NEW ORLEANS – Researchers at Memorial Sloan Kettering are recruiting colorectal cancer patients with immunologically "cold" tumors into a clinical trial in the hopes that they can be made "hot" and responsive to immune checkpoint inhibitors by giving them temozolomide and cisplatin chemotherapy.
At the American Association for Cancer Research's annual meeting on Tuesday, Luis Diaz, head of the solid tumor oncology division at MSK, described a study that his team is conducting in collaboration with Bristol Myers Squibb to explore whether advanced colorectal cancer patients with mismatch repair-proficient tumors will respond to the PD-1 inhibitor Opdivo (nivolumab) when given in combination with temozolomide and cisplatin.
Researchers aim to enroll 35 colorectal cancer patients who are microsatellite stable or mismatch repair-proficient and have BRAF and POLE wild-type tumors. Patients must provide blood and tumor tissue samples for further biomarker research. Investigators will track patients' response to the Opdivo-temozolomide-cisplatin combination for one year.
"Knowing that mismatch repair-deficient tumors are incredibly sensitive to checkpoint blockade and understanding some of the fundamental, albeit rudimentary, features of these tumor types, [such as] high tumor mutation burden … could we pharmacologically engineer immunity in tumors that are not immunogenic?" Diaz proposed during a presentation at the meeting. "In other words, [could we] turn … a cold tumor into a hot tumor, or, in this case, turn a mismatch proficient tumor into a mismatch deficient tumor?"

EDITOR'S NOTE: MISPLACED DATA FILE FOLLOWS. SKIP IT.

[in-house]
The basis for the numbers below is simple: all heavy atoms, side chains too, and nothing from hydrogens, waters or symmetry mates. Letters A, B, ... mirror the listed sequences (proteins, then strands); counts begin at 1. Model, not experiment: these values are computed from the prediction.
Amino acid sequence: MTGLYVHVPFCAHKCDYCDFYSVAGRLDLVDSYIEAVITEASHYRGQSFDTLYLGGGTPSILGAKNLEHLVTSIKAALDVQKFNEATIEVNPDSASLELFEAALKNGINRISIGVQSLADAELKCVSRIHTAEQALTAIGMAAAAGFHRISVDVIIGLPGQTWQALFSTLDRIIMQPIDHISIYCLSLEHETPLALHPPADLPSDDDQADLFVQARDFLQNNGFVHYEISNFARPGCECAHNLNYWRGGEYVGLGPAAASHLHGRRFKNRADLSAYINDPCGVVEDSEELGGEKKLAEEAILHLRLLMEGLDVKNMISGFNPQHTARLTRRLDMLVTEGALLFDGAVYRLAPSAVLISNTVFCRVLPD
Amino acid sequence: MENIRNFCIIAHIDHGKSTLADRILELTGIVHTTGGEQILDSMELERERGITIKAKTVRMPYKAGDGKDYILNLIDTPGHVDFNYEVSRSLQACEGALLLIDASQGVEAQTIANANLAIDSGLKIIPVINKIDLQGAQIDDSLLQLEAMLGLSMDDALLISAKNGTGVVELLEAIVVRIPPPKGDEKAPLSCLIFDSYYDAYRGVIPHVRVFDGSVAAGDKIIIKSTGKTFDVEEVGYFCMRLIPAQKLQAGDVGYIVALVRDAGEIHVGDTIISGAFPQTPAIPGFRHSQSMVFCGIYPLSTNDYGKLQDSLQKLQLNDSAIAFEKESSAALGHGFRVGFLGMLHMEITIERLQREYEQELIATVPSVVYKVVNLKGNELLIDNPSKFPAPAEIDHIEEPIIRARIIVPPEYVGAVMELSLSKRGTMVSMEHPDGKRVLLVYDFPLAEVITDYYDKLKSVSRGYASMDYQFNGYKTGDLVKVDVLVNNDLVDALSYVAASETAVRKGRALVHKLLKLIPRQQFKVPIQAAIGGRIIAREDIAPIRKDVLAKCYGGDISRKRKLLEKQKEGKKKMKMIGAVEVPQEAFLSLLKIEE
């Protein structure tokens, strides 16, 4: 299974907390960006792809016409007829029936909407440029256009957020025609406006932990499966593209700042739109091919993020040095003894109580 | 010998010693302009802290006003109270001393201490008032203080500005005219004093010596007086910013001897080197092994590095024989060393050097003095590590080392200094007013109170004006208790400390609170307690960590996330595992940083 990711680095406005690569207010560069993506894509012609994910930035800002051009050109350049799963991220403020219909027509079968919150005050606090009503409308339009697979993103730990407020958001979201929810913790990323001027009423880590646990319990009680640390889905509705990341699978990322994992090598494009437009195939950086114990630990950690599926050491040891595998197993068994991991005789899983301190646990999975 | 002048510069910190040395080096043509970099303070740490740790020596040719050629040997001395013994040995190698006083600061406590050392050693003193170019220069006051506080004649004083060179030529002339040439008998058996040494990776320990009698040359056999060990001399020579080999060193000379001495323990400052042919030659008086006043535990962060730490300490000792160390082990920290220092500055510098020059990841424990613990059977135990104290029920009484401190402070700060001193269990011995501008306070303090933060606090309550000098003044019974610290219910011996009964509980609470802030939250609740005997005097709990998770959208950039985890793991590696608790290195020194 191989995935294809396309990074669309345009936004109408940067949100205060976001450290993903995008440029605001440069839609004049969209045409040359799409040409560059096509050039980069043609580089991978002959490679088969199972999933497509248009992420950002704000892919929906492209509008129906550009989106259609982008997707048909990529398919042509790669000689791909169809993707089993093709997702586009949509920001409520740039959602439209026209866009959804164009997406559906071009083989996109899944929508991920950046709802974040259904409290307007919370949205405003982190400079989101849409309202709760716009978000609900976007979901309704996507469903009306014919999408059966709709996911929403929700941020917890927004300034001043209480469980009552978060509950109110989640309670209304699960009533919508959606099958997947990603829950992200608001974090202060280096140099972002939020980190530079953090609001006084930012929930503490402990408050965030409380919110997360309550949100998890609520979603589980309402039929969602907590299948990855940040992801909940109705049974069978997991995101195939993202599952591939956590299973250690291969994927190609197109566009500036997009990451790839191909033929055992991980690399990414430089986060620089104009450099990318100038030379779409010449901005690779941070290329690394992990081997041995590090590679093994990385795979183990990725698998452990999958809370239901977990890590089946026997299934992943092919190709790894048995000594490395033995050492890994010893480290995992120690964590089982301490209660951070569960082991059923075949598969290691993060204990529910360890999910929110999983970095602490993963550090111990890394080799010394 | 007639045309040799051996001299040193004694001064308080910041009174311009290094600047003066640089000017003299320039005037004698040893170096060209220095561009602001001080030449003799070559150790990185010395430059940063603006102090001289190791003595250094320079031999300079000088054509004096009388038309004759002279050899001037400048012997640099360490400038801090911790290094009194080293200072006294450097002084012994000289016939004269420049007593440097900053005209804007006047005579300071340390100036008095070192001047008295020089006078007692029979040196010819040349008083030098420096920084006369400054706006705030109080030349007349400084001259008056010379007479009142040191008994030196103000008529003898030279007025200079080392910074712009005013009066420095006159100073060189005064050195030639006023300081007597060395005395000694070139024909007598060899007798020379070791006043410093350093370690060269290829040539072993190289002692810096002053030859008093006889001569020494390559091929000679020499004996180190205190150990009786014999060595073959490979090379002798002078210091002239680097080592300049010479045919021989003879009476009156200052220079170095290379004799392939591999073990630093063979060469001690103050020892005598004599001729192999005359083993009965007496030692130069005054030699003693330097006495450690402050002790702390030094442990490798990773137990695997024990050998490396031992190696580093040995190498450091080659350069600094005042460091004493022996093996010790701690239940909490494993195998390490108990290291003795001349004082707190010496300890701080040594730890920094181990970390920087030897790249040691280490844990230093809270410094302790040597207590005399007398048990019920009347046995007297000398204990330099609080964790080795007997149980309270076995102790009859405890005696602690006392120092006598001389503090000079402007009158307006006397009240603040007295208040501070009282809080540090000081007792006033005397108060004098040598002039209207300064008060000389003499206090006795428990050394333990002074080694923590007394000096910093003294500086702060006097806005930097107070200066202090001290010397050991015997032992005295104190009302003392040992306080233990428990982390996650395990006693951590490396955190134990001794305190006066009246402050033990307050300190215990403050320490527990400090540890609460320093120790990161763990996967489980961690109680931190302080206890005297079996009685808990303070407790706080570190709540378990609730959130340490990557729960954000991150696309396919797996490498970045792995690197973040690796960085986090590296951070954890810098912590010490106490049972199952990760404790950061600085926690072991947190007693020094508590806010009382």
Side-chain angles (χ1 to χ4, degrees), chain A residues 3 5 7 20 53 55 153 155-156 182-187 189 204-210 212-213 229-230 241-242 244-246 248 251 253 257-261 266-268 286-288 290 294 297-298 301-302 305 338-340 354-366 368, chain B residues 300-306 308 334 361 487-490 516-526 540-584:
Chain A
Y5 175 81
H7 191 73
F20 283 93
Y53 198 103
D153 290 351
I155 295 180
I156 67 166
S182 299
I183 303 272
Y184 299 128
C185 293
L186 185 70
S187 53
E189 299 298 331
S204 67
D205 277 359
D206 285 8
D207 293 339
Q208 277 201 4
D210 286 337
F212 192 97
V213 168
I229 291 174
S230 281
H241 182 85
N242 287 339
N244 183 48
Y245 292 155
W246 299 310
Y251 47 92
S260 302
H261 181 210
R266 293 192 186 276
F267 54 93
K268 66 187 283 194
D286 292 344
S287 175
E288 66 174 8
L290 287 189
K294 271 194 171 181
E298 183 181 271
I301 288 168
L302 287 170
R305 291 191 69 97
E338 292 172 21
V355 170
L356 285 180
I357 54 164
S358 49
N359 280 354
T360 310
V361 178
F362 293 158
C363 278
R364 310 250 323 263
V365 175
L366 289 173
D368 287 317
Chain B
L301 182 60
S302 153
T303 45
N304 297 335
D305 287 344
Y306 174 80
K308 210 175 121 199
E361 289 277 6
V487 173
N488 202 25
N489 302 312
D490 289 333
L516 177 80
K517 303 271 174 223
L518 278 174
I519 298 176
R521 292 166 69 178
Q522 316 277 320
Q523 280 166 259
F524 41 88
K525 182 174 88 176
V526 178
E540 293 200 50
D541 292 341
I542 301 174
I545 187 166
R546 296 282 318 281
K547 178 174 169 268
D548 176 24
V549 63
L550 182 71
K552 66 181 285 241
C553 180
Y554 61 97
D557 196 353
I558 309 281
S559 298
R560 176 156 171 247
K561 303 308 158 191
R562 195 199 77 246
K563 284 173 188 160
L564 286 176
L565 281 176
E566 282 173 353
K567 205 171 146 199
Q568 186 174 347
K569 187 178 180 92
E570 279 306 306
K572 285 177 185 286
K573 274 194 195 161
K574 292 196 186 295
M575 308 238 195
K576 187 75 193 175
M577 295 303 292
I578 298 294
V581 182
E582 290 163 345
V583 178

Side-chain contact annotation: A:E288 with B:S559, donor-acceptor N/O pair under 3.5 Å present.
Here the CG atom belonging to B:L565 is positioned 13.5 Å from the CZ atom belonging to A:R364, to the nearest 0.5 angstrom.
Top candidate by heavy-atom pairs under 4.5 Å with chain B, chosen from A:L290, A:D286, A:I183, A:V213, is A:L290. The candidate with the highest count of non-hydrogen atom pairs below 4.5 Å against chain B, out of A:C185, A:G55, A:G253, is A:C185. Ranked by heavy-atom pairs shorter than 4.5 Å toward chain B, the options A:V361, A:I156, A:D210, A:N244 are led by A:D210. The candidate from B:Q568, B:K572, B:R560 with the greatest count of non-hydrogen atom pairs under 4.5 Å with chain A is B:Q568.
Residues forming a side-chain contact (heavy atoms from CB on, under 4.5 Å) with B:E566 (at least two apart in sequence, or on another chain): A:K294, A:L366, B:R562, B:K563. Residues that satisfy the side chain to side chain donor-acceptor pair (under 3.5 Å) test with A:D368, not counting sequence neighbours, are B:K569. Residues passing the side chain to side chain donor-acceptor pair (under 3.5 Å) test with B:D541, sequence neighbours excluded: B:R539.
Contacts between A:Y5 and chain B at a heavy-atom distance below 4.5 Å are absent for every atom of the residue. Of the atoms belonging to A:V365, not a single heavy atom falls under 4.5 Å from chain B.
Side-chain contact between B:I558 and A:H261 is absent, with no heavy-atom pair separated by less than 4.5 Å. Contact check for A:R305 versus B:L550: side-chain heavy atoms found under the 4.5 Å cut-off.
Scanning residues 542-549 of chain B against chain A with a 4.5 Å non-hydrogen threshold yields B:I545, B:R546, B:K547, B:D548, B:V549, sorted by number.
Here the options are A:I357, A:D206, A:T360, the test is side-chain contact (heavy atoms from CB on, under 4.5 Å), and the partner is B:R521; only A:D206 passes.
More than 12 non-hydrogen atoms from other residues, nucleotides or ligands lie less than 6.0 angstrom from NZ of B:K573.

The accumulation of tumor mutations is a key feature of cancer development and progression, and tumor mutation burden has become a key measure for predicting whether a patient will respond to immune checkpoint inhibitors. Opdivo was the first anti-PD-1 inhibitor approved in the US in 2014 for advanced melanoma and then approved the following year for non-small cell lung cancer. The first approvals were in these two tumor types, Diaz said, because they are mutagen-associated tumors that responded particularly well to checkpoint blockade.